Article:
When a bargain hunter politely tried to get Linda Deans to reduce her price, Deans just as politely declined, explaining the money from her garage sale was going to help pay for a trip to Disney World by her grandson Riley.
It was raining outside, so Deans and her daughter-in -law Kali Deans, were selling inside her garage.
They were among the nearly 200 households who took part in the inaugural Langley Township-wide garage sale that ran from 9 a.m. to 2 p.m., a municipal initiative intended to encourage recycling and reduce dumping.
Another participant, Katherine McLaughlin, was selling from her driveway, under a just-obtained portable awning to keep her tables dry while she and her dog Shania greeted visitors, both wearing bright yellow waterproof gear.
“They said there was a 75 per cent chance of rain,” McLaughlin said.
“We’re in it.”
By the end of the day, McLaughlin reported turnout was lower than she had expected, and her garage sale only made a fraction of what she was hoping for.
“Not a lot,” she said.
“In past years, we have done well.”
Deans, a garage sale veteran whose family holds regular sales to clean out unwanted possession, said the turnout was about the same as they would see on a warm and sunny day.
“It went extremely well,” McLaughlin told the Langley Advance Times.
“I’m sure hoping they hold another one.”
Township of Langley solid waste coordinator Chris Combe said an interactive map of registered garage sale locations generated substantial interest.
On the Friday and Saturday, there were over 8,000 views of the online map, nearing 17,000 total views during the length of the campaign.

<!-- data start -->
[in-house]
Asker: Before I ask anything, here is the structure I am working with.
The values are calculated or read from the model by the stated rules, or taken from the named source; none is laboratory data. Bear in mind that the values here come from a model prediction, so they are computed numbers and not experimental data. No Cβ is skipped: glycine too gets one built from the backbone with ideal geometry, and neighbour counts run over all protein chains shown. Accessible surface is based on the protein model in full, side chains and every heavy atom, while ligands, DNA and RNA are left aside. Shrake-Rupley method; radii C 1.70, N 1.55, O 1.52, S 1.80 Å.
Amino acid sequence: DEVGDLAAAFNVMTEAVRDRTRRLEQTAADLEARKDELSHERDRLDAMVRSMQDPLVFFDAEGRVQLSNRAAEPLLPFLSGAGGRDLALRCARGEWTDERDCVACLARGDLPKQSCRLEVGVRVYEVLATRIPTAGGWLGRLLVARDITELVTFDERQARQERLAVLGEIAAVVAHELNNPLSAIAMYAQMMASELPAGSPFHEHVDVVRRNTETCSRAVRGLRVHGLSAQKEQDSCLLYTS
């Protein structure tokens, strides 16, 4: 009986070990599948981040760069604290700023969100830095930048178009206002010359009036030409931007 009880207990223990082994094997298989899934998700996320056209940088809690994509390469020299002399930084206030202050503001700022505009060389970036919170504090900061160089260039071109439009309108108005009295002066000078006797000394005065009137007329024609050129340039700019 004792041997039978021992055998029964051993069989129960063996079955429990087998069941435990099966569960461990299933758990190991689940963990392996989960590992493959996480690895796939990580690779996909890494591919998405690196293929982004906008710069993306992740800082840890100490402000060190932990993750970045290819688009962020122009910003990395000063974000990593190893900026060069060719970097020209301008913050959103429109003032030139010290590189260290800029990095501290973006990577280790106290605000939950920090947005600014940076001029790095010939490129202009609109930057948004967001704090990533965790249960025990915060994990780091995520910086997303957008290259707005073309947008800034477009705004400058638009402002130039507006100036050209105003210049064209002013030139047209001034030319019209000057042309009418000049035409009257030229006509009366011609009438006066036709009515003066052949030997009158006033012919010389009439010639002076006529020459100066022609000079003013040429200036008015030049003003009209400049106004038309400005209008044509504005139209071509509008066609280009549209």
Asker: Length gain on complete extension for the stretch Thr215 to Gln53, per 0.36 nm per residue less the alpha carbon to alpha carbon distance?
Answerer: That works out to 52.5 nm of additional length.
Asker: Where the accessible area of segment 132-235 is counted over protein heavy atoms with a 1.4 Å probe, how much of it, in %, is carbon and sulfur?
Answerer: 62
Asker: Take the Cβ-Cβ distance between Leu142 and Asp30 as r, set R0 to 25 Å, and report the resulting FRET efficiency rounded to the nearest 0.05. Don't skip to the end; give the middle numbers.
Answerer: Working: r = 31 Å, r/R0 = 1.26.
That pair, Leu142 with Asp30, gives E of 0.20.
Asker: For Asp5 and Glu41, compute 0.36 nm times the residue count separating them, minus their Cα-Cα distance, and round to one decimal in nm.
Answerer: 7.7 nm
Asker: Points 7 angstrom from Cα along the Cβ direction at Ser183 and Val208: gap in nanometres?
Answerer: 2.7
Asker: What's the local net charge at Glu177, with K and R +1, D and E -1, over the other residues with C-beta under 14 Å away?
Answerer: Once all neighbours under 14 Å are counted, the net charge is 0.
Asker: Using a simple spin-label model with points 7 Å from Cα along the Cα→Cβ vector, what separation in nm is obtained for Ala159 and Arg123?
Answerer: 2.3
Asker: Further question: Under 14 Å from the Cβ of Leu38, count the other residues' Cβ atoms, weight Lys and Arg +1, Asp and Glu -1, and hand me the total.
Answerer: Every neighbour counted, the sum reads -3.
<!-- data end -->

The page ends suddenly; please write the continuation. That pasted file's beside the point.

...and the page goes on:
Posted on the Township web site, it allowed users to select and filter by item category types and neighbourhoods to find out what was being sold and where.
By mapping out a route before heading out, shoppers could save both time and limit emissions.
Come said some participants have told him the weather put a damper on the event.
“I’m sure if it was sunny, it would be better attended,” Combe said.
“But that’s outside our control.”
Combe said garage sales have an impact on the environment by extending the life of an item that might have ended up in the landfill.
“Re-use is an often forgotten ‘R’ of the three R’s (reduce, reuse and recycle),” Combe said.
After the event, participants were required to remove and clean up any unsold materials from their property.
Those with municipal collection service could arrange for the disposal of big leftover items by scheduling a large item pick up.
Anyone with suggestions about future versions of the sales can email comments to the Township at firstname.lastname@example.org.
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